a balloon coupled to the distal end of the ultrasound transmission member and being movable between an inflated state and a deflated state; and
at least one wire coupled to the ultrasound transmission member and the balloon so as to transmit the longitudinal vibrations parallel to the balloon catheter from the ultrasound transmission member to the balloon such that the balloon is longitudinally vibrated at least when the balloon is in the inflated state.
2. The device of claim 1, further comprising a catheter body having a distal end and at least one lumen extending longitudinally therethrough, the catheter body surrounding at least a portion of the ultrasound transmission member and in fluid connection with the balloon.
3. The device of claim 1, wherein the at least one wire has a proximal end joined to a first location on the ultrasound transmission member and a distal end joined to a second location on the ultrasound transmission member, the second location spaced distally from the first location.
4. The device of claim 3, wherein the first location is proximate a proximal end of the balloon and the second location is proximate a distal end of the device.
5. The device of claim 3, wherein the at least one wire is directly joined to an exterior surface of the ultrasound transmission member at the first location and at the second location.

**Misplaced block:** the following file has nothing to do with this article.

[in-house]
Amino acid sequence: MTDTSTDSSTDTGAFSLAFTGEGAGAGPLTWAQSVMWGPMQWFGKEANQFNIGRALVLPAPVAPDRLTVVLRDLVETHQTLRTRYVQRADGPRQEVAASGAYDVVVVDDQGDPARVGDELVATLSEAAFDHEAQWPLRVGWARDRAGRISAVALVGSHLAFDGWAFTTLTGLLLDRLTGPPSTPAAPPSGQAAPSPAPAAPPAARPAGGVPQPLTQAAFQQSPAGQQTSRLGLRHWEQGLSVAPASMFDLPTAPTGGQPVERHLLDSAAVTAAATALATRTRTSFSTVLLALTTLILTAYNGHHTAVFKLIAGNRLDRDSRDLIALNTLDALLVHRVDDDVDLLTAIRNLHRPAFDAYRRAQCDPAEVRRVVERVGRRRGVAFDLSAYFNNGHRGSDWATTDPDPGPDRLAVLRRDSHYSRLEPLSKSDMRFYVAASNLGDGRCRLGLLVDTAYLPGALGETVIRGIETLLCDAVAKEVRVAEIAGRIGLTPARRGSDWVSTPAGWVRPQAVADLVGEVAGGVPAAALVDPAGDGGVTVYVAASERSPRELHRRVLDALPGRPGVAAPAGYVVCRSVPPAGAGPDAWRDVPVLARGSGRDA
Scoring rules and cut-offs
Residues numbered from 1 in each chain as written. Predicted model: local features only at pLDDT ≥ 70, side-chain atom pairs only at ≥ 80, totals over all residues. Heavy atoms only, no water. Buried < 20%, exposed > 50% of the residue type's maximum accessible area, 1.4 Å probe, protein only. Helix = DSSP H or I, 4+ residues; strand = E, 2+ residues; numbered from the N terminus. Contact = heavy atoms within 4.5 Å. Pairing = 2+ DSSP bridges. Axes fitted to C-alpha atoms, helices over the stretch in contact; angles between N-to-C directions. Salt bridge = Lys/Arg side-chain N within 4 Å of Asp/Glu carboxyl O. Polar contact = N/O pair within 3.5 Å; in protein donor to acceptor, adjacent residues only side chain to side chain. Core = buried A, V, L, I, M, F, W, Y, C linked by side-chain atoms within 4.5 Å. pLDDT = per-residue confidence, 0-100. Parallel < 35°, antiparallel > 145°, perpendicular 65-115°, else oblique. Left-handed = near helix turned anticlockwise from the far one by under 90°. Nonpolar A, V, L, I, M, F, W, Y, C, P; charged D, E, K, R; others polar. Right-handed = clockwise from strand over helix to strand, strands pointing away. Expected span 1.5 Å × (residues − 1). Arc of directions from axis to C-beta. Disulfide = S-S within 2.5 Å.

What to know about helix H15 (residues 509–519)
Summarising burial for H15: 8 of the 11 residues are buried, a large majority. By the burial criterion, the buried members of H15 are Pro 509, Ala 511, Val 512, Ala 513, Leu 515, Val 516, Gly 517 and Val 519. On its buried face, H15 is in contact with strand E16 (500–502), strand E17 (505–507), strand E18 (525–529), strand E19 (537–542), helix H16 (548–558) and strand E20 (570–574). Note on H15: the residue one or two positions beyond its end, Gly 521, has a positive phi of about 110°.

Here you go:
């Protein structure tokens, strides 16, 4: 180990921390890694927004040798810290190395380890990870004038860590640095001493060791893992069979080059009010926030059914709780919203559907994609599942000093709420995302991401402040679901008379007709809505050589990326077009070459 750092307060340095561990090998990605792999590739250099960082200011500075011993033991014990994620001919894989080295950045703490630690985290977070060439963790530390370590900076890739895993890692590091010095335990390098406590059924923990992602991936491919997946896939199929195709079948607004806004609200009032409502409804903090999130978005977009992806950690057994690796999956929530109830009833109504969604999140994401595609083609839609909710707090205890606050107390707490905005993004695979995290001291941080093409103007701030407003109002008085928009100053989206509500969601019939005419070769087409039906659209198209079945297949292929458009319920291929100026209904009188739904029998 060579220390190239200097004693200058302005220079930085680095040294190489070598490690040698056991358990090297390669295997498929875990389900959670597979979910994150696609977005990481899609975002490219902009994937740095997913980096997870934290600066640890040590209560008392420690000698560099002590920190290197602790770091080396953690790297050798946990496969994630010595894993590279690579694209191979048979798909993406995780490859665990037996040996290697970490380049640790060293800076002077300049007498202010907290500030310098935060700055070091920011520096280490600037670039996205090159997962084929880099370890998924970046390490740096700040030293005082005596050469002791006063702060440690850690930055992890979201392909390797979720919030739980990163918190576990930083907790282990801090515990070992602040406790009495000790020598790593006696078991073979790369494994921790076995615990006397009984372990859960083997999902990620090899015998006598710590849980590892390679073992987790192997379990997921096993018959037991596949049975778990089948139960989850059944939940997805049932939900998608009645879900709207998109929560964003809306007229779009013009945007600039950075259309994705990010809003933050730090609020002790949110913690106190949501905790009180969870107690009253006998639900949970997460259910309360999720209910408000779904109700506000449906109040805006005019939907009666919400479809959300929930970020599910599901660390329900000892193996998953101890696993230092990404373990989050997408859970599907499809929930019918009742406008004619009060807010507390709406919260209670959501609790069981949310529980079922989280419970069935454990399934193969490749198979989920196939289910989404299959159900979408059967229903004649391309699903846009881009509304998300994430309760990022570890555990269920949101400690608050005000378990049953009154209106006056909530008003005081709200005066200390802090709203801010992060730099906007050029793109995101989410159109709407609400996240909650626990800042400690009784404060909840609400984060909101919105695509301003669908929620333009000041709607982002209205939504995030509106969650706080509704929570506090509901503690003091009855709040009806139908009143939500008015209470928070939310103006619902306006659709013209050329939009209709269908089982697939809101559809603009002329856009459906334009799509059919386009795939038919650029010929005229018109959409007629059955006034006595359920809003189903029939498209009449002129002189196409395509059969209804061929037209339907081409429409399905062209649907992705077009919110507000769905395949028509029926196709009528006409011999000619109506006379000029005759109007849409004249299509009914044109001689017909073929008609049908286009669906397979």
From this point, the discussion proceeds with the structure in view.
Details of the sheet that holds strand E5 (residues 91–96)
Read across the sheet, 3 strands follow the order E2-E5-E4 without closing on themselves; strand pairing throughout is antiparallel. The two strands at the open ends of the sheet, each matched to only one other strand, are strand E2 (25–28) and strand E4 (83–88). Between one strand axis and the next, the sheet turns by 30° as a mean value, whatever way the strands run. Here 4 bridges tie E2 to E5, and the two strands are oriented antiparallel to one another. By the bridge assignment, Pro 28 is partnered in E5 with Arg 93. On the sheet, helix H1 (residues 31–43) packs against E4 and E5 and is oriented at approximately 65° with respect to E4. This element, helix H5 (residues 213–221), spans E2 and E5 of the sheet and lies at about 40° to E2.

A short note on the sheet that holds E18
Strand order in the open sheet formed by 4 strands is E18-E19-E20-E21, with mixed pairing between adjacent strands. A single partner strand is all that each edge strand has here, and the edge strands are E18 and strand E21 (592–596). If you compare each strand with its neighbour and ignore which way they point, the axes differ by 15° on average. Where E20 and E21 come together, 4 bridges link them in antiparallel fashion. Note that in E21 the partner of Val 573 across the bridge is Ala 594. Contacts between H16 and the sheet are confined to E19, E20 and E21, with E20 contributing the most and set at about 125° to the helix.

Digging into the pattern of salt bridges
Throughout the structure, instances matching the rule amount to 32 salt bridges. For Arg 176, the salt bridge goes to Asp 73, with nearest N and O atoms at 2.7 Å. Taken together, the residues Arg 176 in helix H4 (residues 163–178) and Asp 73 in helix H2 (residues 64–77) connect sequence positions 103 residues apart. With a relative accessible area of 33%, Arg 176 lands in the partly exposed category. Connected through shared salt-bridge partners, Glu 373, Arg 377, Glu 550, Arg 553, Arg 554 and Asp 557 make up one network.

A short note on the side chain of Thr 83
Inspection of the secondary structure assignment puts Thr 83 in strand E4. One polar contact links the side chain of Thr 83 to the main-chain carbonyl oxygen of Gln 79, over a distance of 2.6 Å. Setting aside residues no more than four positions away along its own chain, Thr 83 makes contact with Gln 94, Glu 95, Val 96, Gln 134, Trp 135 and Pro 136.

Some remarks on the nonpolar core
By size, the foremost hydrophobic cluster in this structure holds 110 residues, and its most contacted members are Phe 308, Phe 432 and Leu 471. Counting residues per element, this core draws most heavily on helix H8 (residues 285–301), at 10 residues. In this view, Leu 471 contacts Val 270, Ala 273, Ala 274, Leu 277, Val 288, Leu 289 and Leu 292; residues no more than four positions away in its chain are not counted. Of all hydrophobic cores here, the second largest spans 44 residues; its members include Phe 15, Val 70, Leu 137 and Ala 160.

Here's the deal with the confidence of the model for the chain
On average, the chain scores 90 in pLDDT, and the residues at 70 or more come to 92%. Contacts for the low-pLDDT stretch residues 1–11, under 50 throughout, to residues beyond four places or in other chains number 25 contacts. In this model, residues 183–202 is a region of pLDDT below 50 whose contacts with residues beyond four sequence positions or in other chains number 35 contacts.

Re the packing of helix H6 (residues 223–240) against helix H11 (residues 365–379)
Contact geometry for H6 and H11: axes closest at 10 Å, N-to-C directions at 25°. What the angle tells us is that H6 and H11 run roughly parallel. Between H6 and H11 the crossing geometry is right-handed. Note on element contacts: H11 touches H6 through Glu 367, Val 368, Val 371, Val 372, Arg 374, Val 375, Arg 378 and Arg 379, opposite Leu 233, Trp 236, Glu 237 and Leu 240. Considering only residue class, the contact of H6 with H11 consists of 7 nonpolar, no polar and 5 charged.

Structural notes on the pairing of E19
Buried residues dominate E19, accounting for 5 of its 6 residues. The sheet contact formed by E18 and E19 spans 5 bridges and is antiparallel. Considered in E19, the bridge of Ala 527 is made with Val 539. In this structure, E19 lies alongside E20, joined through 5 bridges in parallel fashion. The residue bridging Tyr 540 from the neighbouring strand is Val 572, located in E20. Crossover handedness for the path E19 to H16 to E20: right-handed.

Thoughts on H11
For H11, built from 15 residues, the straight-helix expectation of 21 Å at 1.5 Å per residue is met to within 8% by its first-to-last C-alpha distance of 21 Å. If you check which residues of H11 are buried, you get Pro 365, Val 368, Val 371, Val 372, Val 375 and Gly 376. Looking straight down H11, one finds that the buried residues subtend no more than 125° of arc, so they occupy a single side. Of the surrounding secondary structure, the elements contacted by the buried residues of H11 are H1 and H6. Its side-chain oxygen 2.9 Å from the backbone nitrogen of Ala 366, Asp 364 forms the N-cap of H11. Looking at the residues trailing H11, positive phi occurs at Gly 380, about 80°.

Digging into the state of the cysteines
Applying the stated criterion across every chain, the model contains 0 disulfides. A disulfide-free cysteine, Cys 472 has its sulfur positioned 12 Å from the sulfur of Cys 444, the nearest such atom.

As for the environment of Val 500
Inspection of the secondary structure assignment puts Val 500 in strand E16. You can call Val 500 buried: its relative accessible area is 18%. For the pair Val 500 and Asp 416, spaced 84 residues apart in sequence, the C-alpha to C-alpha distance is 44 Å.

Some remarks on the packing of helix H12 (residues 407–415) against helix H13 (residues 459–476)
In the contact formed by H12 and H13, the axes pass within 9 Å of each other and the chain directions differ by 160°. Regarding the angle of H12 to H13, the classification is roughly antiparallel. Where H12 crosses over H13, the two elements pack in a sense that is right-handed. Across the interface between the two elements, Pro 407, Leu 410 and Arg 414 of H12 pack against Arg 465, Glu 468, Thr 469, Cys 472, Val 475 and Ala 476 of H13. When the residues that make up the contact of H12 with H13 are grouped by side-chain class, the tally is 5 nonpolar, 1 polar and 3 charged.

6. The device of claim 3, wherein the at least one wire is radially distanced from and separated from the ultrasound transmission member between the first location and the second location in the inflated state.
7. The device of claim 1, wherein the device includes four wires coupled to the ultrasound transmission member and contacting a surface of the balloon.
8. The device of claim 1, wherein the device includes twelve wires coupled to the ultrasound transmission member and contacting a surface of the balloon.
9. The device of claim 1, wherein the at least one wire contacts an inner surface of the balloon.
10. The device of claim 1, wherein the at least one wire contacts an outer surface of the balloon.
11. The device of claim 1, wherein the at least one wire is imbedded within the balloon.
12. The device of claim 1, wherein the balloon is coated with at least one therapeutic.
13. The device of claim 12, wherein the at least one therapeutic includes an antistenosis drug.
14. A drug-delivery device for vessels comprising:
a catheter body having at least one lumen extending longitudinally therethrough;
an elongate ultrasound transmission member extending longitudinally through the lumen; and
a drug-coated balloon having at least one support wire coupled to the ultrasound transmission member so as to transmit longitudinal vibrations parallel to the catheter body to the drug-coated balloon such that the drug-coated balloon is longitudinally vibrated.
15. The device of claim 14, wherein the ultrasound transmission member extends longitudinally through the drug-coated balloon.
US14/758,557 2012-12-28 2013-12-20 Drug delivery via mechanical vibration balloon Active 2034-02-16 US10245051B2 (en)

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US20150343191A1 (en) 2015-12-03
EP2938386A1 (en) 2015-11-04
EP2938386B1 (en) 2019-01-30
EP3434311A1 (en) 2019-01-30
CN105188830A (en) 2015-12-23
WO2014105754A1 (en) 2014-07-03
CN105188830B (en) 2019-06-07
JP2016501679A (en) 2016-01-21